Your EDC bag may contain survival tools, but it also contains items of convenience. Therein lies the difference between the two types of EDC bags. The focus of the BOB is solely on survival with minimal outside assistance. Your EDC bag compliments your lifestyle to provide you optimal solutions to problems, both simple and dire in nature.

Gather All Your EDC Items

In order to set up your EDC bag, you’ll need to gather all of the supplies you plan to carry with you on a given day. This list will likely grow as you become more accustomed to the EDC lifestyle. However, you will also be able to strip away the non-essentials as you build.

Here’s a general list of things you should include in your EDC arsenal:

  • wallet
  • cellphone
  • keys
  • cash/gift card
  • watch
  • computer
  • computer charging cable
  • cellphone charging cable
  • battery pack – in case a power source is not readily available
  • knife
  • pen
  • sharpie
  • index cards/notepad
  • water
  • watch/GPS

Here’s a list of things you could potentially add as part of your EDC loadout:

  • tourniquet
  • aspirin
  • ibuprofen
  • additional layers or change of clothes
  • multitool
  • vice grips
  • firearm/self-defense tools
  • toiletries
  • scissors (medical or otherwise)
  • bandages

When creating your additional carry items try to imagine scenarios you’ve been in, heard about, or read where you face a problem. Take note any tools or devices that would have served you well in solving the issue. Are there any items that show up in multiple scenarios? These are likely great candidates to add to your EDC arsenal. Don’t worry about sizing or weight just yet. We’ll cover that in the next section. For now, gather anything and everything you think will be useful.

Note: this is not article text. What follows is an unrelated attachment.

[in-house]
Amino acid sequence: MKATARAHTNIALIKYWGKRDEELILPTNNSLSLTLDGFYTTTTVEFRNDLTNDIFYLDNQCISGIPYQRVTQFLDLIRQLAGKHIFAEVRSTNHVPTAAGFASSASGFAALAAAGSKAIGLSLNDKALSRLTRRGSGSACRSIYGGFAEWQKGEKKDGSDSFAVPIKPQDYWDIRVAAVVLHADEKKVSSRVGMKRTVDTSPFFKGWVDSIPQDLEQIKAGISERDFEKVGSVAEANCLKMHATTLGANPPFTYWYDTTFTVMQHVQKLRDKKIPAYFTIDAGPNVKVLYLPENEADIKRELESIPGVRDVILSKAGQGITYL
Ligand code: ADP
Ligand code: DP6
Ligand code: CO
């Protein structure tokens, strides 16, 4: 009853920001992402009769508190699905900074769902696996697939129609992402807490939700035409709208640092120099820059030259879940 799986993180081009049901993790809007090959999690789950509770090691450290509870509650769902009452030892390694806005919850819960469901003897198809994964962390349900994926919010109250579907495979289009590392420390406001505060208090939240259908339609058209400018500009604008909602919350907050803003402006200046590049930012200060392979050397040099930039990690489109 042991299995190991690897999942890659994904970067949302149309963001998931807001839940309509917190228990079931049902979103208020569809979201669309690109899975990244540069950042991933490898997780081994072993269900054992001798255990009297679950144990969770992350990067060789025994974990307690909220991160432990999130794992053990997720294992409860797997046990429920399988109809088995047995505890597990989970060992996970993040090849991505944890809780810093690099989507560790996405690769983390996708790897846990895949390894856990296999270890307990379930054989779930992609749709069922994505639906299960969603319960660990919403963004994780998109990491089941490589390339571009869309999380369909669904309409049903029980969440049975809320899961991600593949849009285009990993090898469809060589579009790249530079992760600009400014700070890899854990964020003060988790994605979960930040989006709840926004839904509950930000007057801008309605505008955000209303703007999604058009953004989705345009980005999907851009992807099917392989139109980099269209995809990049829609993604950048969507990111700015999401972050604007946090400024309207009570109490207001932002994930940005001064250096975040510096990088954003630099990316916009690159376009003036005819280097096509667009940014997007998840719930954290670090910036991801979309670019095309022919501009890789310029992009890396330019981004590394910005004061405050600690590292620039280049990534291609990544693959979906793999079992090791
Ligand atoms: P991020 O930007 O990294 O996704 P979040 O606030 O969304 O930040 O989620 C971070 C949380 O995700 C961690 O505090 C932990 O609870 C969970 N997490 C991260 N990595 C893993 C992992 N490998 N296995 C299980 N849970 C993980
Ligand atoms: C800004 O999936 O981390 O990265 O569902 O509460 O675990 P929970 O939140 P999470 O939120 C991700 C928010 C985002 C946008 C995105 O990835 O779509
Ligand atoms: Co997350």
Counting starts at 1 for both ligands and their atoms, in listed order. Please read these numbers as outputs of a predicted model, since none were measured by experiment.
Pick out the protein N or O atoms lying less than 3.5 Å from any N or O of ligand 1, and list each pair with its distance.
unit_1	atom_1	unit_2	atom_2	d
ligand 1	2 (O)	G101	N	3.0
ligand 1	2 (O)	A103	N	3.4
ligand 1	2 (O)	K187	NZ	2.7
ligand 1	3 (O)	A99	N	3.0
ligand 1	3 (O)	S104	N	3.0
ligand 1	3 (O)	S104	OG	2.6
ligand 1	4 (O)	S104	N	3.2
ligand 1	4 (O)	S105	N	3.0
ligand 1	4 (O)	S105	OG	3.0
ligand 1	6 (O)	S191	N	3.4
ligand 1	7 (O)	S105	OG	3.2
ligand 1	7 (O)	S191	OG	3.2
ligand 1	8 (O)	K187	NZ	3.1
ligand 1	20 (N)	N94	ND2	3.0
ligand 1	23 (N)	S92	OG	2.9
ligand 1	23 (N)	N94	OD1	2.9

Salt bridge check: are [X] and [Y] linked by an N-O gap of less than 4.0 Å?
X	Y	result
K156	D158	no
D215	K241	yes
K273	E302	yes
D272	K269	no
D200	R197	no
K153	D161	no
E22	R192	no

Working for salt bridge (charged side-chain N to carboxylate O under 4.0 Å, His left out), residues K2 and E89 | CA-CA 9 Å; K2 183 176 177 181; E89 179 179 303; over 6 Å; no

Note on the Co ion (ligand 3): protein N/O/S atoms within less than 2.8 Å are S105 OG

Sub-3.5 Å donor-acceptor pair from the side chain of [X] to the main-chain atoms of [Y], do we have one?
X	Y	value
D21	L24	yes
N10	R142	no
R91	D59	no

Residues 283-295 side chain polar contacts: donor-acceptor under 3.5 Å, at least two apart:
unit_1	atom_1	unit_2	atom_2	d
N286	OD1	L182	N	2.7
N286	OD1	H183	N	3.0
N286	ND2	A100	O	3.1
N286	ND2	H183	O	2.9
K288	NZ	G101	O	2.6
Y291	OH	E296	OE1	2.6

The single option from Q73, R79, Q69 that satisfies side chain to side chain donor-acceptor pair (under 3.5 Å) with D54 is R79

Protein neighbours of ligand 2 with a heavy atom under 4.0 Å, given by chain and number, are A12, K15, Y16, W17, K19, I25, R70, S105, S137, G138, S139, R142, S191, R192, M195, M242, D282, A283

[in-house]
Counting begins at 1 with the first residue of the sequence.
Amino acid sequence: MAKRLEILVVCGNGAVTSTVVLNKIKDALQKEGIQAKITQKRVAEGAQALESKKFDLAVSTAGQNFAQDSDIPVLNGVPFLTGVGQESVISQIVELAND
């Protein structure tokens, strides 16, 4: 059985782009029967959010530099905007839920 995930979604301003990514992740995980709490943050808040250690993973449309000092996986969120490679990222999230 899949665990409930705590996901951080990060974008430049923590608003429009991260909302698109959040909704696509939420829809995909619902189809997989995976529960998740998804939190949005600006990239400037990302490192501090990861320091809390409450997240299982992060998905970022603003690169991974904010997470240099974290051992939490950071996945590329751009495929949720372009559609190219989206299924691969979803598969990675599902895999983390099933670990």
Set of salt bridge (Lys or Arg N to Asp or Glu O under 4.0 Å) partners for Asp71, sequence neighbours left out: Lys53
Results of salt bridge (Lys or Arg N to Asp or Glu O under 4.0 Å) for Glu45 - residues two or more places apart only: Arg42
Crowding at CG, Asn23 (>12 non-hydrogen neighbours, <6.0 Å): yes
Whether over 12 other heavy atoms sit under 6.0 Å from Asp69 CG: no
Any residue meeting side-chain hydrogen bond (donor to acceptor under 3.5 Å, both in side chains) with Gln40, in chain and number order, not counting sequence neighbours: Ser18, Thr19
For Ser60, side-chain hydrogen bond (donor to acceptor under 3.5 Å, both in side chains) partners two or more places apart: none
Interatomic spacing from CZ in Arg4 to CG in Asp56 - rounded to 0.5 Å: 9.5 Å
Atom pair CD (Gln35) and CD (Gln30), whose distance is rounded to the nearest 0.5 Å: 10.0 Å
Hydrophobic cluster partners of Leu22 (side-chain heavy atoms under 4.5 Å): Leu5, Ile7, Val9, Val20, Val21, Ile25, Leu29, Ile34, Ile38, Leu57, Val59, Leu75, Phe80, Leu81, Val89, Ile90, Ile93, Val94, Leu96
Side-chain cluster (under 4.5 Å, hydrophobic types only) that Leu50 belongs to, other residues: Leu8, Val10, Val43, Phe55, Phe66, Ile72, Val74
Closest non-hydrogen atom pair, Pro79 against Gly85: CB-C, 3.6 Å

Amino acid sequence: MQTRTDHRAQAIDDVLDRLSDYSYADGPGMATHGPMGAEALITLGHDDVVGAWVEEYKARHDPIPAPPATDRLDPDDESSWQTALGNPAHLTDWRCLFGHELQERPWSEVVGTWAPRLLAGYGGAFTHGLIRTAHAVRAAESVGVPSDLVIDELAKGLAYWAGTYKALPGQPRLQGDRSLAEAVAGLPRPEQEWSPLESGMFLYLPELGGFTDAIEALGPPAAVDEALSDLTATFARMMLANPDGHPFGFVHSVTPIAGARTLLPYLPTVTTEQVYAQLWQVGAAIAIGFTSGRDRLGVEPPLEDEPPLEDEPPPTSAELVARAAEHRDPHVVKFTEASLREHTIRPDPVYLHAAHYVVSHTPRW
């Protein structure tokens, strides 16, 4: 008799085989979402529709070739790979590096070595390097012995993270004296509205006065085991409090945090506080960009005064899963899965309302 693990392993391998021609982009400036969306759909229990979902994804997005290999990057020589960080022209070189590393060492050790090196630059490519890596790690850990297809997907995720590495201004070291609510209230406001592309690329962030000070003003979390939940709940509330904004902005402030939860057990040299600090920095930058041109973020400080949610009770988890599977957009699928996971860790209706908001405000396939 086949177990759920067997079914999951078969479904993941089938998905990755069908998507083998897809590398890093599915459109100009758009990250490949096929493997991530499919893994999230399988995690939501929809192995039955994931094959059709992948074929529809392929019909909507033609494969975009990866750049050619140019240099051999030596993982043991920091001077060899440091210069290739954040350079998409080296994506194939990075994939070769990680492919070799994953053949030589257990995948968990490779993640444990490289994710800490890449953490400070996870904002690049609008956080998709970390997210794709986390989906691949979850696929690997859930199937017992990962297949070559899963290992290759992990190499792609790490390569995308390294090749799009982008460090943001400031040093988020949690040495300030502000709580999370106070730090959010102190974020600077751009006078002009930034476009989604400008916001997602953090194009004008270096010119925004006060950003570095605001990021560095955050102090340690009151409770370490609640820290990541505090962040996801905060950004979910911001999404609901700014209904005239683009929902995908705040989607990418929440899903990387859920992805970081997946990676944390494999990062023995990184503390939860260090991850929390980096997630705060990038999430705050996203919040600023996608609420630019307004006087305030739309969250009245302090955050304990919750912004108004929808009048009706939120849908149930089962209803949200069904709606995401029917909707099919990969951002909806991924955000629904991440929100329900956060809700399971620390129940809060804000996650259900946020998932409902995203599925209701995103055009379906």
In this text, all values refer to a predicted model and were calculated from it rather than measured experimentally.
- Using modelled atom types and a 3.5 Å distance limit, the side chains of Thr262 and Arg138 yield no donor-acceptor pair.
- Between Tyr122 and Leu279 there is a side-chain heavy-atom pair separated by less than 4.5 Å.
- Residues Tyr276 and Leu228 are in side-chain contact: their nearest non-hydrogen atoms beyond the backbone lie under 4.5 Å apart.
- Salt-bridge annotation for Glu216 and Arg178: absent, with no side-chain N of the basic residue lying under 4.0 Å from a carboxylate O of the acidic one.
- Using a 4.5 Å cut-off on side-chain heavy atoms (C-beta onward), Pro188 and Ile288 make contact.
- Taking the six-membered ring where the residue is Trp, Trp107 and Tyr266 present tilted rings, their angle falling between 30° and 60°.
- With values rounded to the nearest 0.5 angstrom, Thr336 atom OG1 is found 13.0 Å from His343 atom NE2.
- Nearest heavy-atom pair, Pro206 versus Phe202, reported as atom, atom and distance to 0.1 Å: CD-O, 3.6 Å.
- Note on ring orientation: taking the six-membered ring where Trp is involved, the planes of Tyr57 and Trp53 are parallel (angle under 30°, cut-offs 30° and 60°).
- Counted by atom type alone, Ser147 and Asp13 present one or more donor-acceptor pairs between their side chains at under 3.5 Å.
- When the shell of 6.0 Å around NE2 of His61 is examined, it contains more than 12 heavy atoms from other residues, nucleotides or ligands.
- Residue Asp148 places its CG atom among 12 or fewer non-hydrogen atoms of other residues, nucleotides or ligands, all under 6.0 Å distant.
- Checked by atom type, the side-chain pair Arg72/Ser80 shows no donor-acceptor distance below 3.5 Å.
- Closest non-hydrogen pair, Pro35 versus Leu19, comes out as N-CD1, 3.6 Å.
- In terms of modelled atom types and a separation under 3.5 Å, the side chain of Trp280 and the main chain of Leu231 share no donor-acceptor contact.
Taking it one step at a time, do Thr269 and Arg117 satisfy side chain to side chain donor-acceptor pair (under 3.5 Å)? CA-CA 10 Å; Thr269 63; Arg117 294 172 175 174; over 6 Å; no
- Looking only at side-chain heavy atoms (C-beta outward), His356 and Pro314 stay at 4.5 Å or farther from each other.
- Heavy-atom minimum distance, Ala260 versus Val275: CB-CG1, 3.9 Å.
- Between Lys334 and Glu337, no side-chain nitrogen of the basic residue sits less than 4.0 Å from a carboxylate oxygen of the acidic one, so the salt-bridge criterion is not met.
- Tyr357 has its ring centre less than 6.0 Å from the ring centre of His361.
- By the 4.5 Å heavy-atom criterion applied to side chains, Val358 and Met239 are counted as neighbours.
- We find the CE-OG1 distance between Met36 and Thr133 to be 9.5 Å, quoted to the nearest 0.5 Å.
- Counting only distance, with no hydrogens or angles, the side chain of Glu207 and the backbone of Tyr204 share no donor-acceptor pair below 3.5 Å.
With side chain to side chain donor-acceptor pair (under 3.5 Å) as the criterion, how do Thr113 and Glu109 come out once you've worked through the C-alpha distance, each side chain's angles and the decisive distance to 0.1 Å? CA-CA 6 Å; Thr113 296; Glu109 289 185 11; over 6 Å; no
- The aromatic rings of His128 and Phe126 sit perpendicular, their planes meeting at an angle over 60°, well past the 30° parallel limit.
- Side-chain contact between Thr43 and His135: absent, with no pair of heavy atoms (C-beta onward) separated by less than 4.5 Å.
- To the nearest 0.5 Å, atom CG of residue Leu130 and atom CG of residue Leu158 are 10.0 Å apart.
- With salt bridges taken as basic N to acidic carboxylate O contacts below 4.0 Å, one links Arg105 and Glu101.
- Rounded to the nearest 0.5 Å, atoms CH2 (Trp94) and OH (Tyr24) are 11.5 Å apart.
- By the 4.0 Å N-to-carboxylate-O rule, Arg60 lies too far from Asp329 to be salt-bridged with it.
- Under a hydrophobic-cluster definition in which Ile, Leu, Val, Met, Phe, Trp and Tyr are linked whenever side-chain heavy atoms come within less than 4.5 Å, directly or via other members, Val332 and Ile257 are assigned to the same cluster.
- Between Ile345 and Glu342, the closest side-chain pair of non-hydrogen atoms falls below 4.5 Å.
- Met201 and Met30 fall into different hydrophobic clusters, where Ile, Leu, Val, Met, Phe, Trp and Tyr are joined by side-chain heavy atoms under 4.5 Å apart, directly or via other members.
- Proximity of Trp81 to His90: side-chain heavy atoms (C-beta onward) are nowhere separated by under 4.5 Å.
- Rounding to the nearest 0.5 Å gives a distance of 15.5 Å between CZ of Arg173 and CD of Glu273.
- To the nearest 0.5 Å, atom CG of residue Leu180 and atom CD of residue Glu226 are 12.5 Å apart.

Group Items By Carrying Method

Alright, so you’ve got a pile of stuff you think might be useful for everyday situations. If you’ve done this right, you’re probably thinking “there’s no way this will all fit in a backpack or bag.” You’re absolutely right. Now you’ll have to break things down into their respective carry methods. The three main methods of carrying are on your person, in a bag, and in your transportation (a.k.a. vehicle).

On Person Carry Method

Carrying on your person means these items never leave. Unless you set them down after use, they will always be with you. These items should be incredibly useful, serve multiple purposes, and be easily carried with your everyday clothes. Almost everyone has these items. If you take a look at our list above, a wallet, cellphone, and keys are all fine examples of on person carrying.

In addition to my wallet, cellphone, and keys, I have another set of on person EDC items. I carry a pocket knife, which is useful as both a cutting tool and potential self-defense weapon. A multitool, which because of its very construction can solve an abundance of problems. My firearm also accompanies me wherever I go. While its purpose is very focused, if I ever needed protection there isn’t a better tool, in my mind, that I’d rather have with me. If you’re looking for quality gear to include, I’ve outlined some of my personal favorites here.